In some experiments determination of anti-CA IX titer was performed with biotinylated CA IX coated onto plates.. 15-500 μg of CA IX protein was diluted in 1 mL of PBS at a pH of 8.6. 10 μl of 10 mg/mL sulfo-NHS-biotin (Biotin stock in DMSO) was added to the 1 mL CA IX-HIS protein solution for an incubation period of 1 hour at roomtemperature with rotation. After the 1 hour incubation, the reaction was quenched with 100 μl of saturated Tris and subjected to centrifugation and a minimum of 4 washes to separate free biotin from the biotinylated CA IX-His. The biotinylated CA IX-His (1 μg/mL) was coated onto Sigma Streptavidin plates for 1 hour at room temperature. A control Streptavidin plate was left uncoated for use as a control. The plates were washed five times with distilled water. Sera from the immunized animals were titrated in 2% Milk/PBS at 1:2 dilutions in duplicate from a 1:100 initial dilution. The last well was left blank as a control. The Streptavidin plates were washed five times with distilled water. A goat anti-human IgG Fc-specific HRP-conjugated antibody was added at a final concentration of 1 μg/mL for 1 hour at room temperature. Following five washes with distilled water, the Streptavidin plates were developed with the addition of TMB for 30 minutes and the ELISA was stopped by the addition of 1 M phosphoric acid. The specific titer for CA IX of the sera from the immunized mice was determined from the optical density at 450 nm.
2. Harvest of Lymphocytes from Immunized Animals
XenoMouse animals (L991-3 and L991-4) were selected for harvest of plasma cells, based on the anti-CA IX titer data described above. A total of 55 plates were initiated using CD19+ B lymphocytes. These plates were set up from the pooled inguinal, popliteal and para-aortic lymph nodes (50 plates) and splenic B lymphocytes (5 plates). The lymph node cells were cultured at either 500 CD19+ cells/well (30 plates) or 250 CD19+ cells/well (20 plates) and the splenic B lymphocytes were cultured at 500 cells/well. B cell cultures were also set up from uncut peripheral blood mononuclear cells at 2500 cells/well (5 plates).
3. Generation of Antibody-Producing Hybridomas
B cells isolated form pooled inguinal, popliteal and para-aortic lymph nodes and splenic B lymphocytes were used for hybridoma generation. Lymphocytes enriched for B cells were fused by electrocell fusion with P3-X63-Ag8.653 myeloma cells and were subjected to hypoxanthine/azaserine (HA) (Sigma, catalog #A9666) selection. Specifically, the fusion was performed by mixing washed enriched B cells and non-secretory myeloma P3X63Ag8.653 cells purchased from ATCC Catalog #CRL1580 (Kearney et al., J. Immunol., 123:1548-1550 (1979) at a ratio of 1:1. The cell mixture was subjected to centrifugation at 800 g. After complete removal of the supernatant, the cells were treated with 2-4 ml of Pronase solution (CalBiochem, catalog #53702; 0.5 mg/ml in PBS) for less than 2 minutes. 3-5 ml of FBS was added to stop the enzyme activity and the suspension was adjusted to 40 ml total volume using electro cell fusion solution (ECFS) (0.3M Sucrose, Sigma, Catalog #S7903, 0.1 mM Magnesium Acetate, Sigma, Catalog #M2545, 0.1 mM Calcium Acetate, Sigma, Catalog #C4705). The supernatant was removed after centrifugation and the cells were resuspended in 40 ml ECFS. The cells were washed in ECFS once more and finally resuspended in ECFS to a concentration of 2×106 cells/ml. Electro-cell fusion was performed using a fusion generator, model ECM2001, Genetronic, Inc., San Diego, Calif. The fusion chamber size used was 2.0 ml using the following instrument settings:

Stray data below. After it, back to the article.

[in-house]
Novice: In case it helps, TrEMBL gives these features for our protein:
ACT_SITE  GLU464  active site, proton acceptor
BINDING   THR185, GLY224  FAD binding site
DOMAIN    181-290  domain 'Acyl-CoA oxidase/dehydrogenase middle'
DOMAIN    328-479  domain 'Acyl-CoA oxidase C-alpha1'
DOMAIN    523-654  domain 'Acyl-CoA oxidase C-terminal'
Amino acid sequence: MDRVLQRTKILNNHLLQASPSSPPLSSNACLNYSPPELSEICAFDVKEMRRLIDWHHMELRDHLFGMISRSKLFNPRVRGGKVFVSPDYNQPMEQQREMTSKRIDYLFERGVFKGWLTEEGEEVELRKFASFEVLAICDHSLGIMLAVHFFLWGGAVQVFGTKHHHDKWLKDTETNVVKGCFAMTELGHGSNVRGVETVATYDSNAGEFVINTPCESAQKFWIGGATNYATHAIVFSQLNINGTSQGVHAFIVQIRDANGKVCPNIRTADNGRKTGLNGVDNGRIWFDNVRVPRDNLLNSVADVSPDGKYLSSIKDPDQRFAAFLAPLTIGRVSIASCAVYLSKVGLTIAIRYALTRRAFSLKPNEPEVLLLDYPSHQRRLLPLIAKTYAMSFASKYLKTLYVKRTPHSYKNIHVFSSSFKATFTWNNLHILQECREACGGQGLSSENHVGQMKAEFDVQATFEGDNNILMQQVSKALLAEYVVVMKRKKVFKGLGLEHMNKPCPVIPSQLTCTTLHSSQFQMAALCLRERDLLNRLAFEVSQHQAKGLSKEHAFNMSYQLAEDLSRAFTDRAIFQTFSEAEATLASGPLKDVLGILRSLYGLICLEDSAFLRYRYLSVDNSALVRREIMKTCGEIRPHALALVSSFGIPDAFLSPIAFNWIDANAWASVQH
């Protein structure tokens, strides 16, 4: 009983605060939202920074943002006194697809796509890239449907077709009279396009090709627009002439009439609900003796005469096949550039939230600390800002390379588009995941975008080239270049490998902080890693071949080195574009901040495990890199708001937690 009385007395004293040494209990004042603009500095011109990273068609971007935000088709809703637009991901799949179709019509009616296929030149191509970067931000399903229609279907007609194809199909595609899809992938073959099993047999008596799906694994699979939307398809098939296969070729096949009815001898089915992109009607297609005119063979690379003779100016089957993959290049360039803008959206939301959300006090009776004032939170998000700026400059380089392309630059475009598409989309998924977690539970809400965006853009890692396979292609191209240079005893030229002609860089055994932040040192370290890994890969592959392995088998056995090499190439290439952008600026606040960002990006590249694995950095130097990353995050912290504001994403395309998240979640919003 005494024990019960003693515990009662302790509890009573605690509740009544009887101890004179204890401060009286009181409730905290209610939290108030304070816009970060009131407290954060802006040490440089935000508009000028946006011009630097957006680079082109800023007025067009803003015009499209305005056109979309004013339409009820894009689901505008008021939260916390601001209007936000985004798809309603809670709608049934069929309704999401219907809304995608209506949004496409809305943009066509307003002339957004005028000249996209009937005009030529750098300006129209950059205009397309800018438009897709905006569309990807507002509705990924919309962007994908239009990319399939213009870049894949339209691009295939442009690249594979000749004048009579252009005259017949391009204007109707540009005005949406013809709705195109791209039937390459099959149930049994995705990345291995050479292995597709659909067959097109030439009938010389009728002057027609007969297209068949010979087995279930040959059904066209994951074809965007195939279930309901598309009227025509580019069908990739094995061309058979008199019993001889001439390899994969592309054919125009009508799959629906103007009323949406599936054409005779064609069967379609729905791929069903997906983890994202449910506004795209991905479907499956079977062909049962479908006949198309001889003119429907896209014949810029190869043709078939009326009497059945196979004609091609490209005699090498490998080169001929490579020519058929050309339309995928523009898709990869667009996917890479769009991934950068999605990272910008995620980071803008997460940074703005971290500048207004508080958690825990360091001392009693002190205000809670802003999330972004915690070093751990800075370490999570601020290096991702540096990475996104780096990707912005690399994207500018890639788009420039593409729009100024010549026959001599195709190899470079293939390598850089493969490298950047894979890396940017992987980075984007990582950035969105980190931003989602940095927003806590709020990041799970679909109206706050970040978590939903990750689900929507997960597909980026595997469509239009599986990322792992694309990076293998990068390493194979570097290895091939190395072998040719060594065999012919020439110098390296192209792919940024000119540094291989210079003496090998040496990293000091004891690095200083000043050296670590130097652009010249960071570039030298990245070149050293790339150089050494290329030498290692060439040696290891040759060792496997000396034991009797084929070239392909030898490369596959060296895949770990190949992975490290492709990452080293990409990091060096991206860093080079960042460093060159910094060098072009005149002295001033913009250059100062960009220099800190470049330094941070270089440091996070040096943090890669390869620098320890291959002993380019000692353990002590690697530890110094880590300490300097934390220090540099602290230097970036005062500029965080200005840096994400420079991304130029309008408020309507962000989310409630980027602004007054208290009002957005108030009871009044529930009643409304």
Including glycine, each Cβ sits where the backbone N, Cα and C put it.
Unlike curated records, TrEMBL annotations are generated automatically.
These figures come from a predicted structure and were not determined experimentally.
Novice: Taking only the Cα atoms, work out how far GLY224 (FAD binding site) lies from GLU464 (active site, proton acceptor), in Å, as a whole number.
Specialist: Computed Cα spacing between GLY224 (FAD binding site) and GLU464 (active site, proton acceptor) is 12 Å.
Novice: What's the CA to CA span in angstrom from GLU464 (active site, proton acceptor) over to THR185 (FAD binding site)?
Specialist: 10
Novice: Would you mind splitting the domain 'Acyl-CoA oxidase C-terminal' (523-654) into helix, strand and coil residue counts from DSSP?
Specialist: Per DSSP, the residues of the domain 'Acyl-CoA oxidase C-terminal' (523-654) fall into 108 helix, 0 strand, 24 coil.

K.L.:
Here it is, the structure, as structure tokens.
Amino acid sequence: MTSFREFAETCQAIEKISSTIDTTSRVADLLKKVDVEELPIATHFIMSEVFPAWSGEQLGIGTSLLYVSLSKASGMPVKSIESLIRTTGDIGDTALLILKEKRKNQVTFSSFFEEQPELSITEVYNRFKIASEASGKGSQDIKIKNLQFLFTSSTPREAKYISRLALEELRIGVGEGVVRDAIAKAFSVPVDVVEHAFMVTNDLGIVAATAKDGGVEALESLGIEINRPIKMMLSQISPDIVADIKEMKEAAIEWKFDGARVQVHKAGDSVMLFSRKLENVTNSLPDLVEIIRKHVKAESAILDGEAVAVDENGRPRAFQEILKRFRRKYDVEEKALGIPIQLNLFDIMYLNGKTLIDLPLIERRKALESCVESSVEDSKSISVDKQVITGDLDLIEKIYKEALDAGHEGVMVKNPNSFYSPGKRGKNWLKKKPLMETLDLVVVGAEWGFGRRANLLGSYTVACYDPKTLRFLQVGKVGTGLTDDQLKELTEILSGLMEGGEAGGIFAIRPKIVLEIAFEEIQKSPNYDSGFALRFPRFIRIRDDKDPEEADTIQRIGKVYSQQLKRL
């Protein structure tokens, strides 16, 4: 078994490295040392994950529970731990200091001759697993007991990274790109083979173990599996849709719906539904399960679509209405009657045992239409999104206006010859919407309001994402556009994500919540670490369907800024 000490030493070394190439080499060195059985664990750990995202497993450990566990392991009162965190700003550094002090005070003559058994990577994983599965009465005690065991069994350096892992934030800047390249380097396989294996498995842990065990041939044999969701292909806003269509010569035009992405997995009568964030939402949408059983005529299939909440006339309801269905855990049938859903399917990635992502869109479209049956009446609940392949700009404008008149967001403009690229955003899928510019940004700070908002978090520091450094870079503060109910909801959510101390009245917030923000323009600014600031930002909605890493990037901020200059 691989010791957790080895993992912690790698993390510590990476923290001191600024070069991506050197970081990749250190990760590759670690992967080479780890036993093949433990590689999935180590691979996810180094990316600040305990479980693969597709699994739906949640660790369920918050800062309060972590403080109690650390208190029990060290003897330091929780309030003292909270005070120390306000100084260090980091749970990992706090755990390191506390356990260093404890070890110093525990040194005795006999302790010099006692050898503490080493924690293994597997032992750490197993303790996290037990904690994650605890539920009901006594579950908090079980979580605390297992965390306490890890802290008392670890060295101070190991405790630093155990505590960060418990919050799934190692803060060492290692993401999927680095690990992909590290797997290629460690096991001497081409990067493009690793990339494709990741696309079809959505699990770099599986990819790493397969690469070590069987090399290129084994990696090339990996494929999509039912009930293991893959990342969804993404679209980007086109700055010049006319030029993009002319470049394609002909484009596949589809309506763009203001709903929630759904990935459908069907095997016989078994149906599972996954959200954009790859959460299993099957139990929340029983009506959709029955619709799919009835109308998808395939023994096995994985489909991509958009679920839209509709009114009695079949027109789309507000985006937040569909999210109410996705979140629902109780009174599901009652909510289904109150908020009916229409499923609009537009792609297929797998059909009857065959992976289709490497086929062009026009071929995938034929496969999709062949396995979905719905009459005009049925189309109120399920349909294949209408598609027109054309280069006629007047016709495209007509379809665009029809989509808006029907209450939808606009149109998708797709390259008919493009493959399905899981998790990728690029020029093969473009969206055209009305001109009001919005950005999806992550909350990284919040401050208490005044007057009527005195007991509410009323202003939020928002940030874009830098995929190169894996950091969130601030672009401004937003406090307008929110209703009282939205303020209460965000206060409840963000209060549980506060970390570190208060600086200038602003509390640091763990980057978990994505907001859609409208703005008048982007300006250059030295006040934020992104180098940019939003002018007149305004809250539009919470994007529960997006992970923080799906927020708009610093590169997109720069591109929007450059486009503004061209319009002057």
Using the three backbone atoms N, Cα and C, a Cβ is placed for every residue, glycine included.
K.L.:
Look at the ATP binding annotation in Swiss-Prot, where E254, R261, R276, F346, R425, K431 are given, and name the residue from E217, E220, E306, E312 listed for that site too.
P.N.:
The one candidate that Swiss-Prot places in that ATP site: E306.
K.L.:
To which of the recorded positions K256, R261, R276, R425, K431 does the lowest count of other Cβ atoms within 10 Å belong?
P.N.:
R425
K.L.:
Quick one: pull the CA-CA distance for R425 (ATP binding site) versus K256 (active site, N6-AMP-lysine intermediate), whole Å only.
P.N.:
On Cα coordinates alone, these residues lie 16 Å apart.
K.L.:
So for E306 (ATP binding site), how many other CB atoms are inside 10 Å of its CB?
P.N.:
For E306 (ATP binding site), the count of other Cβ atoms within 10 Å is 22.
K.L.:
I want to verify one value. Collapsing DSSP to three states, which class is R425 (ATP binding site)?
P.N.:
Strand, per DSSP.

Alignment condition: voltage: 50 v, time: 50 seconds;
Membrane breaking at: voltage: 3000 v, time: 30 ms; and
Post-fusion holding time: 3 seconds.
The hyridoma culture supernatants were screened by ELISA with a his-V5 tagged version of the CA IX protein. The results from the ELISA screen are presented in Table 6.
4. XenoMax Generation of Antibodies
Alternatively, after immunization and selection of B cells for use in antibody generation, wells with cultured B cells were subjected to a number of screens to determine specificity for CA IX antigen.
As mentioned above, cultured B cells were subjected to ELISA with a his-V5 tagged version of the CA IX protein.
Biotinylated CA IX-His was bound to streptavidin plates at 275 ng/ml and incubated for 18 hours at 4° C. The plate was washed five times with distilled water, blocked with 250 μl of 2% Milk/PBS for 30 minutes at room temperature, washed five times with distilled water, incubated with 40 μl of 2% Milk/PBS and 10 μl of B cell supernatant for 1 hour at room temperature, washed again five times with distilled water, incubated with 50 μl of Gt anti-Human (Fc)-HRP at 1 μg/ml for 1 hour at room temperature, washed five times with distilled water, incubated with 50 μl of TMB substrate, and to stop the reaction, incubated with 10 μL of 1M phosphoric acid in each well. The plate was read at a wavelength of 450 nm.
The first 30 plates (derived from the lymph node B-lymphocytes at 500 cells/well) were screened as described above on CA IX-His protein to identify the antigen-specific wells. The data in Table 2 showed that most of the wells had antigen-specific reactivity (2202/2880 at OD 0.3 or greater −78%). This indicated that these wells were quite polyclonal and likely would not be useful for subsequent screens. The Lymph Node B lymphocytes seeded at 250 cells/well and the B-lymphocytes derived from peripheral blood and the spleen (Table 3) were also analyzed. These data indicated that these wells were also likely polyclonal (412/1440 at OD 0.3 or greater −29%).